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Abu Dhabi, UAETuesday 25 September 2018

Embroidery: the art of telling stories with stitches

In the run-up to an embroidery workshop by designer Ola Dajani at Warehouse 421, we look at the appeal and value of this intricate craft

From left, Ola Dajani’s ‘Ferero the Fennec Fox’, a work in progress
From left, Ola Dajani’s ‘Ferero the Fennec Fox’, a work in progress

Embroidery. It’s been spotted everywhere from the hallowed haute couture runways of Paris to Dolce & Gabbana’s ultra-­exclusive Alta Moda show in Lake Como. It’s why Rihanna’s Maison Margiela creation at the Met Gala and Sonam Kapoor’s Ralph & Russo outfit at Cannes turned heads and got fashion editors talking. And it’s what can make a piece of fabric command hundreds of thousands of dirhams. The age-old craft may sound like a simple case of taking a needle and thread to cloth, but the sheer intricacy it demands in its purest form – hand embroidery – continues to keep it relevant and in demand.

“A hand-embroidered piece tells a story with each stitch that is created. It is a labour of love of that particular embroiderer, a slow process that involves many hours of work, which is so valuable because of the craftsmanship,” says Ola Dajani, the Dubai textile and fabric artist who will oversee Needle & Thread, an embroidery workshop at Warehouse 421 in Abu Dhabi on Sunday.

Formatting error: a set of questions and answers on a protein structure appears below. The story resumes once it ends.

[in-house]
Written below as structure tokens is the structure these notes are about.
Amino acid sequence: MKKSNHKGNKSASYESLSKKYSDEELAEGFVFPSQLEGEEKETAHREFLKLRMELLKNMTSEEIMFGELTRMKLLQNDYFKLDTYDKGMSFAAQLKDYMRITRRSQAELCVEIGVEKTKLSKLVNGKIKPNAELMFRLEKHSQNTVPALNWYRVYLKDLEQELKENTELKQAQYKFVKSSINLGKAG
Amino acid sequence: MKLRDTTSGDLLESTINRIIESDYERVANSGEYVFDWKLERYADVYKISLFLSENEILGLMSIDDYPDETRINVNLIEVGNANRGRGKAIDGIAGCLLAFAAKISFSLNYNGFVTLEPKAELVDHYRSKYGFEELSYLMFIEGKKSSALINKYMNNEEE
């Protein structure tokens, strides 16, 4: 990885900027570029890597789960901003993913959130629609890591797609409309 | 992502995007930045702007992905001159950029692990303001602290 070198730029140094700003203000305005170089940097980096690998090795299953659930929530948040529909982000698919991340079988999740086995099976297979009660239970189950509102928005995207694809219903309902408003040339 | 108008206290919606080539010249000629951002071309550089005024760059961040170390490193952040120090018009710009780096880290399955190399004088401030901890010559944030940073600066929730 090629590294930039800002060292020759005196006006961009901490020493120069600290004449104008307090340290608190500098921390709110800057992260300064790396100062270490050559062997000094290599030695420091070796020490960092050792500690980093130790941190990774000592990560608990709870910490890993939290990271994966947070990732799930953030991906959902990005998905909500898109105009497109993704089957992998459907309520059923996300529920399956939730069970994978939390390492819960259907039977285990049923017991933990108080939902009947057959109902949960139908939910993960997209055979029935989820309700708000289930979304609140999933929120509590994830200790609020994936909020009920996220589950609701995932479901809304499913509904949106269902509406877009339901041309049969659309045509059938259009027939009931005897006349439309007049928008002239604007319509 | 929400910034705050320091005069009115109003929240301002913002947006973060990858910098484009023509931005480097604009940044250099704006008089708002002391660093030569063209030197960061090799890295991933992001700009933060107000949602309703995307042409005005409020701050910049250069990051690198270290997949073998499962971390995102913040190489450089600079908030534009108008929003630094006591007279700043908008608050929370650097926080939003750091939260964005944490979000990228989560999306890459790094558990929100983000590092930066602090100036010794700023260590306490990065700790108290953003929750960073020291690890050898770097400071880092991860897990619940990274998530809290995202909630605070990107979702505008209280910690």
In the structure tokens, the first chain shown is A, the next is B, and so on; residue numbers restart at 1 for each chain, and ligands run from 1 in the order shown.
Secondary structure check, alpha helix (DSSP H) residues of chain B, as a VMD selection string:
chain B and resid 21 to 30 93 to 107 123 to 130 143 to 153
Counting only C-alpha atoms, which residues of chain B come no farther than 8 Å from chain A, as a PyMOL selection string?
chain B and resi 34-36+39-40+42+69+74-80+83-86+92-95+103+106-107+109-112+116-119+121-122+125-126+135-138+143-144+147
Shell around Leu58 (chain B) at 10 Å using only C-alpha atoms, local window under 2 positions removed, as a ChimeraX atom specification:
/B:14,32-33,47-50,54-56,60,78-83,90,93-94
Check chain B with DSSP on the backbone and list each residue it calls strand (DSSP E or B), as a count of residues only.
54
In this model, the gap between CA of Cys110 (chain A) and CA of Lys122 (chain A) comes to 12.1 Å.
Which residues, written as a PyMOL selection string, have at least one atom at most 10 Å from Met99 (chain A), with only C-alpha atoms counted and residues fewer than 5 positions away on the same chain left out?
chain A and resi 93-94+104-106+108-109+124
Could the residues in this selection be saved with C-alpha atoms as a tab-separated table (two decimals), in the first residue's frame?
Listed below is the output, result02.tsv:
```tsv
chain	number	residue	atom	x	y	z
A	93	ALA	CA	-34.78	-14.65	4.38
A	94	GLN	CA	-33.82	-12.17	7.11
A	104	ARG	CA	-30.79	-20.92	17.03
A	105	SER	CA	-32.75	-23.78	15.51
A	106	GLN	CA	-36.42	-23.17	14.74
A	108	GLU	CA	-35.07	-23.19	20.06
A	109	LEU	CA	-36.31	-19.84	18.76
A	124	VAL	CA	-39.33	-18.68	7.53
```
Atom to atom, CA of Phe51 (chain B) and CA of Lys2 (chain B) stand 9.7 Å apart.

The first known evidence of humankind’s desire to embroider – in the form of fossilised remains of heavily hand-stitched apparel – hails from the Cro-Magnon era, circa 30,000BC. Other early ­examples include shells stitched onto animal hides in Siberia; pictures rendered in chain stitches using silk threads in China; quilted clothing, tents and armour in Ancient Egypt, India, Persia and Greece; sashiko or ­functional ­embroidery to reinforce old clothes in Japan; floral whitework in Ireland; and surface embroidery using rayon in Brazil. The types of stitches, fabrics, pictorial representations and decorative elements – from beads and pearls to silk and sequins – differ widely from region to region, as people used what was available to them, as well as applied their creative faculties to make their handiwork more attractive and functional.

This is also what ­Dajani hopes to impart in her workshop. The three-hour session will cover the basics of contemporary embroidery, and participants will be taught how to use embroidery hoops and threads of various textures, sizes and colours to create a sampler of stitches. “Those stitches will form the building blocks for any future embroidery work, which the participants can embark upon after,” says Dajani. In addition to demonstrating various ­techniques, the designer will also shed light on the uniqueness of a hand-­embroidered piece and the long journey behind it.